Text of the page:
An aspect of the Sonic Gems series is that it features music and/or musicians who have made a lasting impact on music. That does not necessarily mean that I like what I’m hearing. Seven minutes into this CD, I wanted to shut it down and never listen again. I am never going to be that much into listening to profanity or degrading racist terms used over and over again and not just for occasional impact. All the same, I will do my best to give this post a fair shake at why this deserves to be covered here.
Nas aka Nasir bin Olu Dara Jones was born on September 14, 1973 and is an American Hip Hop artist, producer, actor and entrepreneur. He has released eight consecutive platinum or better CDs and sold over 25 million copies worldwide.
This particular CD received acclaim from critics and the Hip-Hop community and is often rated as one of the greatest if not the greatest Hip Hop ‘album’ of all time. For this reason, although I personally cannot stand what I am currently listening to, I am giving it the recognition it is due. 10 plus minutes in and I am just finding this really difficult to continue to listen to with all these disgusting remarks and drug references and frankly this may be his world but it most definitely not mine.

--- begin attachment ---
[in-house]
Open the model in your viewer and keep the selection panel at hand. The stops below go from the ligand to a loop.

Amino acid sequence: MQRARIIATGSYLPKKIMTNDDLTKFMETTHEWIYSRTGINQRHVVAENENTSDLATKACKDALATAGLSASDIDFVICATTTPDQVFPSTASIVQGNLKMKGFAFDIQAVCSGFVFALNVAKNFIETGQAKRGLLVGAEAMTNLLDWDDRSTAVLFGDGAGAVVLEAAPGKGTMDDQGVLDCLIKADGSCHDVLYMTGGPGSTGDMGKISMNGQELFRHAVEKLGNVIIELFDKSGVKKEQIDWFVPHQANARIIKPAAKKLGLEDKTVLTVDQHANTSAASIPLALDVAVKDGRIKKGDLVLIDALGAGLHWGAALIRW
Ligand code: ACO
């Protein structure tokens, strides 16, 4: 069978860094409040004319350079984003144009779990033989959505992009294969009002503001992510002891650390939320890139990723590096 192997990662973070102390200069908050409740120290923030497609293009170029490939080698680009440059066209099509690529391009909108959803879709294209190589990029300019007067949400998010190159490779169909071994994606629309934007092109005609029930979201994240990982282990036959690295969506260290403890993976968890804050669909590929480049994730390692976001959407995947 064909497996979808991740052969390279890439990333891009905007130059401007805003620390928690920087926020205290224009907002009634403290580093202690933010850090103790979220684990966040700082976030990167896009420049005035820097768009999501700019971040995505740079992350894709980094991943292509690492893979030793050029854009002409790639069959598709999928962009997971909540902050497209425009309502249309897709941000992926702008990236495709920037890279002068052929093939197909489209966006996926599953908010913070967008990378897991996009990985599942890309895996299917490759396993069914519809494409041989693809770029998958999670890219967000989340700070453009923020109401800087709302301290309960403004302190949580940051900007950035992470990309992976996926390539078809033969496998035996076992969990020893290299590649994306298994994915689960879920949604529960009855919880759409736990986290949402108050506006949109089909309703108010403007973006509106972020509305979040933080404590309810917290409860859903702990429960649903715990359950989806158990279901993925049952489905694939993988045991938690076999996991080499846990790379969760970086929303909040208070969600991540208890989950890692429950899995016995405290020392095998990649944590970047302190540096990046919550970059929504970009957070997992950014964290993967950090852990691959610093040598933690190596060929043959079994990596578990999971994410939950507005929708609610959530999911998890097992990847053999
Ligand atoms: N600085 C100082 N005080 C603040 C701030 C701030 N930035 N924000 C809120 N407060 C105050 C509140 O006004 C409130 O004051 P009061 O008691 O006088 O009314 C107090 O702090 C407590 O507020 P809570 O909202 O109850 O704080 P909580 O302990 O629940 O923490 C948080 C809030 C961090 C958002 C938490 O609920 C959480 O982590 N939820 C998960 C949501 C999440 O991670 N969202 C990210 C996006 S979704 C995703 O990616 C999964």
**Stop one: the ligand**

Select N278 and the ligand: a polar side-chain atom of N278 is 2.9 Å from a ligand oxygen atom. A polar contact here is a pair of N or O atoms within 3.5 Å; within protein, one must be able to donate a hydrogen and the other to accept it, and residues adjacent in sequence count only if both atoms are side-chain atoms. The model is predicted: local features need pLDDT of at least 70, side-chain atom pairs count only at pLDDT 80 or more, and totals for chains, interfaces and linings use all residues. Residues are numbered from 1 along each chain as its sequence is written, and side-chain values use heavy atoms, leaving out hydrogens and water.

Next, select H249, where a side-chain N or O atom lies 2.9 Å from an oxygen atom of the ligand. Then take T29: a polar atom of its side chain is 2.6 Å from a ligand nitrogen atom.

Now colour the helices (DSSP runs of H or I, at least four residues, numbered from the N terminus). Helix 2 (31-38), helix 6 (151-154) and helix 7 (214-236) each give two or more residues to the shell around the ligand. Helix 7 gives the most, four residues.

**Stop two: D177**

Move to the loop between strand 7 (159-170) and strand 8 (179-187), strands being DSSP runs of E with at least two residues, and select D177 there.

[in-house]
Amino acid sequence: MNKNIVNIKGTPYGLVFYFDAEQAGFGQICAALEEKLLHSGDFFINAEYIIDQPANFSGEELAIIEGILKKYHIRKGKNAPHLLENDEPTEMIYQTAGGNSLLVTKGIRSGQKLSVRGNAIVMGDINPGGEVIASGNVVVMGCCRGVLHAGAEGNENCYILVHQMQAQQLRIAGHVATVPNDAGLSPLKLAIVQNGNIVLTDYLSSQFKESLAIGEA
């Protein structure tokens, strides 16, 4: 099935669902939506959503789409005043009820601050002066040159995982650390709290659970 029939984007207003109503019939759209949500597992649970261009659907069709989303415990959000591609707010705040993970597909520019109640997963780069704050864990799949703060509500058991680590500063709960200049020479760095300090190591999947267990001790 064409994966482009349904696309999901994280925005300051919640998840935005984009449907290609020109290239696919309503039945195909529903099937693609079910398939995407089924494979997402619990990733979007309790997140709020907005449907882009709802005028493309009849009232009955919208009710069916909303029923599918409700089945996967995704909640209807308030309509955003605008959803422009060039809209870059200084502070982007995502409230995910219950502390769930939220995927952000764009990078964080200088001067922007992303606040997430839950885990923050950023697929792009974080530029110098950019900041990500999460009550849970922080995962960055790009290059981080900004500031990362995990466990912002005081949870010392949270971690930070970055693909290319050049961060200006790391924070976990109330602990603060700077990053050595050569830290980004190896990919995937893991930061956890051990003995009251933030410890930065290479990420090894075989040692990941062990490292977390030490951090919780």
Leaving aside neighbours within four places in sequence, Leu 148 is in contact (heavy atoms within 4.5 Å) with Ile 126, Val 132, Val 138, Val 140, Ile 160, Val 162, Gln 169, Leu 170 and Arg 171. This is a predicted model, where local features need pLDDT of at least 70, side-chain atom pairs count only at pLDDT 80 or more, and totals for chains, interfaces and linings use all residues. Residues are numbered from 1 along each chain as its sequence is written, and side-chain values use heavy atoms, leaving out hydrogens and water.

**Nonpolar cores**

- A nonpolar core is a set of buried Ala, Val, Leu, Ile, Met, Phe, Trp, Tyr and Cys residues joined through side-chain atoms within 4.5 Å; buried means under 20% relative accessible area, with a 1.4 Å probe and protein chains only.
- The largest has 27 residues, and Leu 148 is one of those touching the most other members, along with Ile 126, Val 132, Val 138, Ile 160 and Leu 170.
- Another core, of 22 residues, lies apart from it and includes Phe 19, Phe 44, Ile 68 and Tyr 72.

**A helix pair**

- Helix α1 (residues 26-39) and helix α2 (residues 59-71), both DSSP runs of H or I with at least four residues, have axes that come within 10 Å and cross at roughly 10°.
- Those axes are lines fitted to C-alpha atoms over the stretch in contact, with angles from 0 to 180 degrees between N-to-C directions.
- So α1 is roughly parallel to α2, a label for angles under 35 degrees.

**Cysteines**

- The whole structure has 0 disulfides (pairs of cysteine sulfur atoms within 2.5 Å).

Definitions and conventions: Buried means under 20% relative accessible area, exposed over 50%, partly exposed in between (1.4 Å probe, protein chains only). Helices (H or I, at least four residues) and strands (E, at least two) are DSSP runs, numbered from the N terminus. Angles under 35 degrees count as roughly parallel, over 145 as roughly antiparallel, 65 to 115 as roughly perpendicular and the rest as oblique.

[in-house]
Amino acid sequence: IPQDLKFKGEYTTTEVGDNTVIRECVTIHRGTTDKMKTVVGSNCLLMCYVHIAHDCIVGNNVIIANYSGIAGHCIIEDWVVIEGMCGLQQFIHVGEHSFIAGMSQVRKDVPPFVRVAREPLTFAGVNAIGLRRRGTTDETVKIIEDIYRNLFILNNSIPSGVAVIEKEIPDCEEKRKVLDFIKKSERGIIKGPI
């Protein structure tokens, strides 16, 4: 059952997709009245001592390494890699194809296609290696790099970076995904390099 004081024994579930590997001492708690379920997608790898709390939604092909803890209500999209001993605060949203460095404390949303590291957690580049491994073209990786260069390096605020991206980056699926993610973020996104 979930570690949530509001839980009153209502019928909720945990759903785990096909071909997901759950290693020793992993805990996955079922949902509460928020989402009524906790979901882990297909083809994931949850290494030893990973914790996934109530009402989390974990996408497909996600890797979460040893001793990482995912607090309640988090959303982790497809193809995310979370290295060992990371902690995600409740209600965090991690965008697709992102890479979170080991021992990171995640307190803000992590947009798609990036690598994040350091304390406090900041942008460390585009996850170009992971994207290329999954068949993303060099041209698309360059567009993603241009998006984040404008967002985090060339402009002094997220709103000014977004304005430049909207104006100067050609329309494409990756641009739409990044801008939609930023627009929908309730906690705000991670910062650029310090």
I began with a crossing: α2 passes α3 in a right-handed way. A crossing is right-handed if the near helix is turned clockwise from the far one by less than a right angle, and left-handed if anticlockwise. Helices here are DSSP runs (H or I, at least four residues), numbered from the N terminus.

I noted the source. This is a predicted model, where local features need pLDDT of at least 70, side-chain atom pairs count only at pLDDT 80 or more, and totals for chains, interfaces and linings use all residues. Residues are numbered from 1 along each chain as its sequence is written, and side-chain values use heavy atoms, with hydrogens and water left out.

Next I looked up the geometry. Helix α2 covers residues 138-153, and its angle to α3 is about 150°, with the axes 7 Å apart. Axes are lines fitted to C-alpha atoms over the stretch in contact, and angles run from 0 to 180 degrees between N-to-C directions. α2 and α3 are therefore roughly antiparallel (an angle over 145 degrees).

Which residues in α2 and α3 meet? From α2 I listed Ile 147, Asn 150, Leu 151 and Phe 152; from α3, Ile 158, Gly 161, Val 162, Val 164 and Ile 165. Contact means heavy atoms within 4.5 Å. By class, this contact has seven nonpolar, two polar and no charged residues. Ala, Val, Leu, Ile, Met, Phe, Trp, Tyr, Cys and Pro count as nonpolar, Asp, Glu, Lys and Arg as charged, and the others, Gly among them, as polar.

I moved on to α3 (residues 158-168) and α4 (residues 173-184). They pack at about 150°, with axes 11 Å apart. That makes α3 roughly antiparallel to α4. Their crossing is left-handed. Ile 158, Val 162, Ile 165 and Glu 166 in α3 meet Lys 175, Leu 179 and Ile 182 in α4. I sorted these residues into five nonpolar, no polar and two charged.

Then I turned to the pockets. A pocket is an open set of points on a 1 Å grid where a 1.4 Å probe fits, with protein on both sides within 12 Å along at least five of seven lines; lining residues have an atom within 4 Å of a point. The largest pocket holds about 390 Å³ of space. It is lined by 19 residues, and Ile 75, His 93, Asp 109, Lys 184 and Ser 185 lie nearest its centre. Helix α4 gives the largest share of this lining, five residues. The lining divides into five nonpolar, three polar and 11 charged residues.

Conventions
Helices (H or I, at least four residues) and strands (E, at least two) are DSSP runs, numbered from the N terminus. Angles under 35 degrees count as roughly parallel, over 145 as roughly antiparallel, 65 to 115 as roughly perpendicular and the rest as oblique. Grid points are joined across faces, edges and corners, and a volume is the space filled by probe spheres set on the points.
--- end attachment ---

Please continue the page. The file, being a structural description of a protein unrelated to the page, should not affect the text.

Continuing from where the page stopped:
A high school drop out who was more interested in earning street cred and was at the time of this world expressing himself in terms of being trapped in the projects has lived a different life than mine. I feel that. And I get that he did something that I greatly admire. He pulled himself up and out of a very dire situation to become a business success. But there are more than a few lacings of bitterness lost up in his cadences.
Gut wrenching in his verbal dexterity, he managed to separate himself from the pack in less than an hour on his debut. Ally likes some of this rap and hip hop. I’ve given it’s far listen with this one. There may be others covered at another time. But, no, I’m not up for this revolution. I’ll settle on giving recognition where it’s deserved. Due to the lack of appreciation for all the use of a certain racist term and my dislike for constant sampling and that sort of thing like the overt anger and profanity and well.. so many factors, this is so far out of my paradigm of what good music is that I will fight my inclination to rate this three out of a scale of 10 and elevate it to a seven. Whatever my personal inclinations, there is no arguing with the success the CD has had.
You may listen to Illmatic here: